WASHINGTON -- U.S. home price gains cooled in February from the previous year for the third month in a row, as harsh winter weather and high buying costs have slowed sales.
The Standard & Poor's/Case-Shiller 20-city home price index rose 12.9 percent in February compared with 12 months earlier. While healthy, that is down from a 13.2 percent gain in January.
And home prices fell in 13 of the 20 cities in February compared with the previous month. The index is not adjusted for seasonal variations, so those declines partly reflect weaker sales in the winter.
In addition to bad weather, sales have been held back by a limited supply of available homes, which has forced potential buyers to bid up prices. That's caused prices to increase even as sales have slowed. Sales of existing homes fell to their lowest level in 20 months in March.
With sales slowing, many economists forecast that price gains will keep dropping this year into the mid-single digits.
Higher prices may also be discouraging investors from buying homes, contributing to slower sales. Investors accounted for 17 percent of sales in March, according to the National Association of Realtors, down from 21 percent in February.
"The housing market is showing signs of slowing, but this was expected and is part of a broader return to normal," said Stan Humphries, chief economist at real estate data provider Zillow.
Prices in Las Vegas dipped 0.1 percent in February from the previous month, the city's first monthly decline in nearly two years. And home prices fell 1.6 percent in Cleveland and 0.7 percent in Tampa, Florida. Both monthly drops were the largest for those two cities since January 2012.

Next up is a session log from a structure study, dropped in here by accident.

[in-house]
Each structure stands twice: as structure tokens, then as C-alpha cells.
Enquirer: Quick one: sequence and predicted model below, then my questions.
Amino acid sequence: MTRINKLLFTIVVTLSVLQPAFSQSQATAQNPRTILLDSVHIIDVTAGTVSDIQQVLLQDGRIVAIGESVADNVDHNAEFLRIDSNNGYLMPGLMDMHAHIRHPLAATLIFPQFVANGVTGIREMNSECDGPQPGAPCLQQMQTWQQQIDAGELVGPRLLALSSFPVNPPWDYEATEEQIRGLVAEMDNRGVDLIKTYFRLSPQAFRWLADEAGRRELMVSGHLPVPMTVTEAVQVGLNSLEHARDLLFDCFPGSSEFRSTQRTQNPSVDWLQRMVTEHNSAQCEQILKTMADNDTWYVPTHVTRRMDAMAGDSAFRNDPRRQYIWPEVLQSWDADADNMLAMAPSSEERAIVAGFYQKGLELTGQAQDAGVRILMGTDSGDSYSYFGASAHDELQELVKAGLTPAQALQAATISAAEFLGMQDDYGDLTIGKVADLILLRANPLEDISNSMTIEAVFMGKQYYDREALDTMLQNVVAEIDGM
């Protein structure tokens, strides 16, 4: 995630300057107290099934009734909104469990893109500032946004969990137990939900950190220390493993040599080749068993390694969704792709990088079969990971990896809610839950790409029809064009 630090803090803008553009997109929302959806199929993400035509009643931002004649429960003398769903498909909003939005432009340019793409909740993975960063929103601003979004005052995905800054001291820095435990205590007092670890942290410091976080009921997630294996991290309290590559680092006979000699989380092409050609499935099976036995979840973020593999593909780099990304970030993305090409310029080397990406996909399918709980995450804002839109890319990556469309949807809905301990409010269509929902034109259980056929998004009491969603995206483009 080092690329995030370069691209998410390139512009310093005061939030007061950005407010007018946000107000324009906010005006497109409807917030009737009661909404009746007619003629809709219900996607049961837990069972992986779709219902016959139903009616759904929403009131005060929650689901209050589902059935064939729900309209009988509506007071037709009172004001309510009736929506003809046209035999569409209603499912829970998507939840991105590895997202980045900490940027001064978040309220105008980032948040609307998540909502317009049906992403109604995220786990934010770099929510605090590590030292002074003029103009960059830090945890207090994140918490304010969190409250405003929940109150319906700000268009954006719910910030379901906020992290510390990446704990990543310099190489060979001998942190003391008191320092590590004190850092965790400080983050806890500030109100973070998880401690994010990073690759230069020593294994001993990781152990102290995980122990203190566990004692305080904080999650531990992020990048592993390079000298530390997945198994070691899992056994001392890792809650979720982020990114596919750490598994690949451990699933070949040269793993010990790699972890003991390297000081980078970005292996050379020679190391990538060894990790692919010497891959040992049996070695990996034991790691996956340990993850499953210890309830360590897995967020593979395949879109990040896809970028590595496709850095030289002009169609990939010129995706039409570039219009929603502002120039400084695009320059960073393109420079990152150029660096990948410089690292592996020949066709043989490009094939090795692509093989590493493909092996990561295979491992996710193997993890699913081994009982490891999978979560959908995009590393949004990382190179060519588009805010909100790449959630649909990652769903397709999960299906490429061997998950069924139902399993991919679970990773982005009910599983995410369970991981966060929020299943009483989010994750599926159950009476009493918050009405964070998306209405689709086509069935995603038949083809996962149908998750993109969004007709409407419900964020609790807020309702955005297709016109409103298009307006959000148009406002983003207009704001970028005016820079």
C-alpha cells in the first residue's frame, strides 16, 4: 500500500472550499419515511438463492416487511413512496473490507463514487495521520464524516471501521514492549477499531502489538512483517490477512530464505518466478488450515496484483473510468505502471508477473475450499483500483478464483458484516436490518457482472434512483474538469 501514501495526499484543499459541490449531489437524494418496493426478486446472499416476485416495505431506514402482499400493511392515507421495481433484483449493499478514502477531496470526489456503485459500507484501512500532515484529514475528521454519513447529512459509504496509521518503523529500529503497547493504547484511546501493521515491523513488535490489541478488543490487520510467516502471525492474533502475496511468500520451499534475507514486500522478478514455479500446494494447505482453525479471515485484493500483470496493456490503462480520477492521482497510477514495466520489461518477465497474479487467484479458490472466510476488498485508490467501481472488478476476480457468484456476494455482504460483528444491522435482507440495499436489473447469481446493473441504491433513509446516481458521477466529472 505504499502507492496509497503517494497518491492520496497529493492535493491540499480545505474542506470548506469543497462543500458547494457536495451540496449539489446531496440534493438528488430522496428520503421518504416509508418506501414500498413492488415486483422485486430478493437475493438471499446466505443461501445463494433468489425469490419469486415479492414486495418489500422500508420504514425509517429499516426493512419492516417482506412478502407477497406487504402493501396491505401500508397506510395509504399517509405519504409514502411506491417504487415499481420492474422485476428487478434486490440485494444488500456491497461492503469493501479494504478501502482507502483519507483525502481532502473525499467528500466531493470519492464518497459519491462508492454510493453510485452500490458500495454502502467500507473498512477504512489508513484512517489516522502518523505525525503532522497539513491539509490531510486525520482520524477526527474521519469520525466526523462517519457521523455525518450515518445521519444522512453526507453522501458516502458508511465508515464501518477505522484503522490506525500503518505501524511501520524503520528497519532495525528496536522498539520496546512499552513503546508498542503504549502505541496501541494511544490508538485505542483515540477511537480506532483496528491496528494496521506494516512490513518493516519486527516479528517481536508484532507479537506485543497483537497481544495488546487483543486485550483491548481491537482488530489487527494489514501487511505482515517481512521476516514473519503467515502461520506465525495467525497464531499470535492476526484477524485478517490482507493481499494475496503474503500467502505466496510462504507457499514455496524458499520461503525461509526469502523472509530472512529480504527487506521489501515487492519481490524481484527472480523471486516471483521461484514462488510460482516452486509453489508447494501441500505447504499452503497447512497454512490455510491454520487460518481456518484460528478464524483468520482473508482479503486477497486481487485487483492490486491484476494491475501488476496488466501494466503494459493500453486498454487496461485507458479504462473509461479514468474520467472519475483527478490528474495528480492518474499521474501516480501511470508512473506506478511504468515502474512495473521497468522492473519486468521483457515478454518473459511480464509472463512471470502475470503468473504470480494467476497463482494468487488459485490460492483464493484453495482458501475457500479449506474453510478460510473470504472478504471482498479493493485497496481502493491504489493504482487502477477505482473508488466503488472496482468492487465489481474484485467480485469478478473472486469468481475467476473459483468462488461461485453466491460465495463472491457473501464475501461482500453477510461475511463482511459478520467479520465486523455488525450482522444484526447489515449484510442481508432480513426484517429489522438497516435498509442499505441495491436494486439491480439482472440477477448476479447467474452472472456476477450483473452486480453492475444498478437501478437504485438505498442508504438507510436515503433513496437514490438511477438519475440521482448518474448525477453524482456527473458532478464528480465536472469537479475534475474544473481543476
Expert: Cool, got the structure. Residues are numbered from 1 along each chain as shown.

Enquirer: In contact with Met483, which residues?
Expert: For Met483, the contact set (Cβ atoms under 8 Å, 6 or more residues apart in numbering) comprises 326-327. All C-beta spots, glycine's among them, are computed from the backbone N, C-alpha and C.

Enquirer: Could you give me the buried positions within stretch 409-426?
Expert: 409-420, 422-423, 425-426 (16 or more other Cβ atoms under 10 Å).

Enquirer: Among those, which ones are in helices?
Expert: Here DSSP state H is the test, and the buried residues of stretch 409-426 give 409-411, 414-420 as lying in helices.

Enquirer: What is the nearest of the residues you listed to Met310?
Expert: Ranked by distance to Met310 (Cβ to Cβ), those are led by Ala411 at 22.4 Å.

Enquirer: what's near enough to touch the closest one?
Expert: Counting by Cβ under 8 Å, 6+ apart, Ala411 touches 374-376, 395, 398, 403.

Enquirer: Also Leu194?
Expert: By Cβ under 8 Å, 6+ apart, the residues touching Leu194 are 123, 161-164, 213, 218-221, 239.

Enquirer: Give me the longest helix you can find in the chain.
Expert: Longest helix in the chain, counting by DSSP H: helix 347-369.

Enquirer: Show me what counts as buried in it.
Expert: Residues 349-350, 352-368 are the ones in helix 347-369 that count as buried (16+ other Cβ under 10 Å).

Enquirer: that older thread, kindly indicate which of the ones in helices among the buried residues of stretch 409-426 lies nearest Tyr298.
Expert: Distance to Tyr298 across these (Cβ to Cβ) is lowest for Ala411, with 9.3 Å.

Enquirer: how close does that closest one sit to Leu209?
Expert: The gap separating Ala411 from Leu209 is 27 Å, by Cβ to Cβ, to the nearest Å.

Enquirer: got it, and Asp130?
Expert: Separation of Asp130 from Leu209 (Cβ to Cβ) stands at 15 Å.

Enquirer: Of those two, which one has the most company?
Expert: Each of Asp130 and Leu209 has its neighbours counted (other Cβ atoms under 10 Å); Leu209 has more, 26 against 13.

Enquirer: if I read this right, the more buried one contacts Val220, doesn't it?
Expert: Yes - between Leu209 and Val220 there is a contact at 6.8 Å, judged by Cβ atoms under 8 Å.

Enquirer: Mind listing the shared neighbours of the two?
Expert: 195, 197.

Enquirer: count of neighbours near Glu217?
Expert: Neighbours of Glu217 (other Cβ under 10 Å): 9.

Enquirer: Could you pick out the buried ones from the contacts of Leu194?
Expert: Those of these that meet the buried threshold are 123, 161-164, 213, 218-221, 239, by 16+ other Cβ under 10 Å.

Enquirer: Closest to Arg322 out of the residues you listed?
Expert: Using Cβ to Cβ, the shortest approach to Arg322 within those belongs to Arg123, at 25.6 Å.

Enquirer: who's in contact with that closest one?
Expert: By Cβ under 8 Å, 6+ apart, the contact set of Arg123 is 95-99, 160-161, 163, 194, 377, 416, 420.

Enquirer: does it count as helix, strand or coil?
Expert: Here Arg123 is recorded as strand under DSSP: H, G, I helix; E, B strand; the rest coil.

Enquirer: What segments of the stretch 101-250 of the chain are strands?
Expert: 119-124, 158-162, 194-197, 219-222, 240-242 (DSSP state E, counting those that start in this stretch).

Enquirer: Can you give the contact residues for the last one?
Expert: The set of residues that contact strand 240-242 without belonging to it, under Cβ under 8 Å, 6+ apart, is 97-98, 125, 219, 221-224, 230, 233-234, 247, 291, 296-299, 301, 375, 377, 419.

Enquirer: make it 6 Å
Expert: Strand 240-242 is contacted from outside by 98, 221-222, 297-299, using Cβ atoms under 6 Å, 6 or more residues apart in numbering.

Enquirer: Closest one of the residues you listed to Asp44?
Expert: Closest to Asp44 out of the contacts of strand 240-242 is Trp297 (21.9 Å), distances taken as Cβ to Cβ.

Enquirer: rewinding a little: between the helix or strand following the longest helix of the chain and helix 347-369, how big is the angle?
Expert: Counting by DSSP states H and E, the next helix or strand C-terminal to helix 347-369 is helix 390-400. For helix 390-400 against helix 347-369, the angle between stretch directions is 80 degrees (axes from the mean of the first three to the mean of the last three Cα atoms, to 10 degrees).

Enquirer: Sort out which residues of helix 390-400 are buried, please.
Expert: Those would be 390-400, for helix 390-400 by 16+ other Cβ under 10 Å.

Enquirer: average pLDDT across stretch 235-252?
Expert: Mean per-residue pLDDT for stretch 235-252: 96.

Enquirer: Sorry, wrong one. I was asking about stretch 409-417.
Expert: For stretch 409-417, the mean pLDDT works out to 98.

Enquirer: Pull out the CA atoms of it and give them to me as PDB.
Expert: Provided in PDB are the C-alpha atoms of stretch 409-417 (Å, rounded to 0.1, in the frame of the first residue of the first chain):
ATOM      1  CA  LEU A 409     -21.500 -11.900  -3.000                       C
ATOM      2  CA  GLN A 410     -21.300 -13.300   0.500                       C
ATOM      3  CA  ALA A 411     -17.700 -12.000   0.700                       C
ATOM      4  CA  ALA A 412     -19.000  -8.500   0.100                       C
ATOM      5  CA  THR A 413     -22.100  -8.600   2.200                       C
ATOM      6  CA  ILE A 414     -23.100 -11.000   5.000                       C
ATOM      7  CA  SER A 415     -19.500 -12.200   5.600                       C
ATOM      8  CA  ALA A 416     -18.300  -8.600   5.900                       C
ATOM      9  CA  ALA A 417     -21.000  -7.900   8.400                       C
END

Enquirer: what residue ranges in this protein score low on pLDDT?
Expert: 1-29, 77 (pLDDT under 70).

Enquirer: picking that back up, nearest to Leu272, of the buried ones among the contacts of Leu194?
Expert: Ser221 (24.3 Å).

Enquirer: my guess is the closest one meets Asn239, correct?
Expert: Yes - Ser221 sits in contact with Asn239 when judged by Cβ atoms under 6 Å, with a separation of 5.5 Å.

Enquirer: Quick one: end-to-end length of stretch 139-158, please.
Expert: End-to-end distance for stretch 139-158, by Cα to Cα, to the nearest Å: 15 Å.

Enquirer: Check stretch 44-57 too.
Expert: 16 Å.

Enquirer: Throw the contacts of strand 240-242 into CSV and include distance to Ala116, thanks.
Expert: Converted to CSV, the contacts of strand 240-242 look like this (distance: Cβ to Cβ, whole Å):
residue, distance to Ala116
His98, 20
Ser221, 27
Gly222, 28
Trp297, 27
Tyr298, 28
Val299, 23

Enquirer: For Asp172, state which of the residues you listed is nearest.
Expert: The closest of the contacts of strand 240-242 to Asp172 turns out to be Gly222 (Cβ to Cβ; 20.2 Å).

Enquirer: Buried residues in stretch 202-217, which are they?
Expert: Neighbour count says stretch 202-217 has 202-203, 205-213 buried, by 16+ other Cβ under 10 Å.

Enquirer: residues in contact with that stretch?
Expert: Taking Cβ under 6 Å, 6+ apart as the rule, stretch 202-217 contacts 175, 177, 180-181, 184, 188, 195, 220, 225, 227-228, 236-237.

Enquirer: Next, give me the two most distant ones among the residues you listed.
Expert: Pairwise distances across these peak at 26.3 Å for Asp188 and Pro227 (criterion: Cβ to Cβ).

Las Vegas still posted the biggest 12-month gain, with an increase of 23.1 percent. But that's down from 24.9 percent in January. Many investors had snapped up homes in Las Vegas after prices plunged in the housing bust, causing sharp price gains.
Home sales and construction started recovering about two years ago after being hammered by the housing bust and Great Recession. But a jump in mortgage rates last spring caused sales of existing homes to start falling in the summer.
Sales have now fallen in seven of the past eight months. But the sales decline in March was small and many economists said it showed that existing-home sales had likely bottomed out.
Contracts to buy homes posted a healthy gain last month, the Realtors' group said yesterday. Signed contracts typically result in sales one to two months later, so the increase points to higher sales in the coming months.
New home sales, meanwhile, plunged 14.5 percent in March to the slowest pace in eight months, according to a government report last week. A jump in prices contributed to the decline.
The Case-Shiller index covers roughly half of U.S. homes. The index measures prices compared with those in January 2000 and creates a three-month moving average. The February figures are the latest available.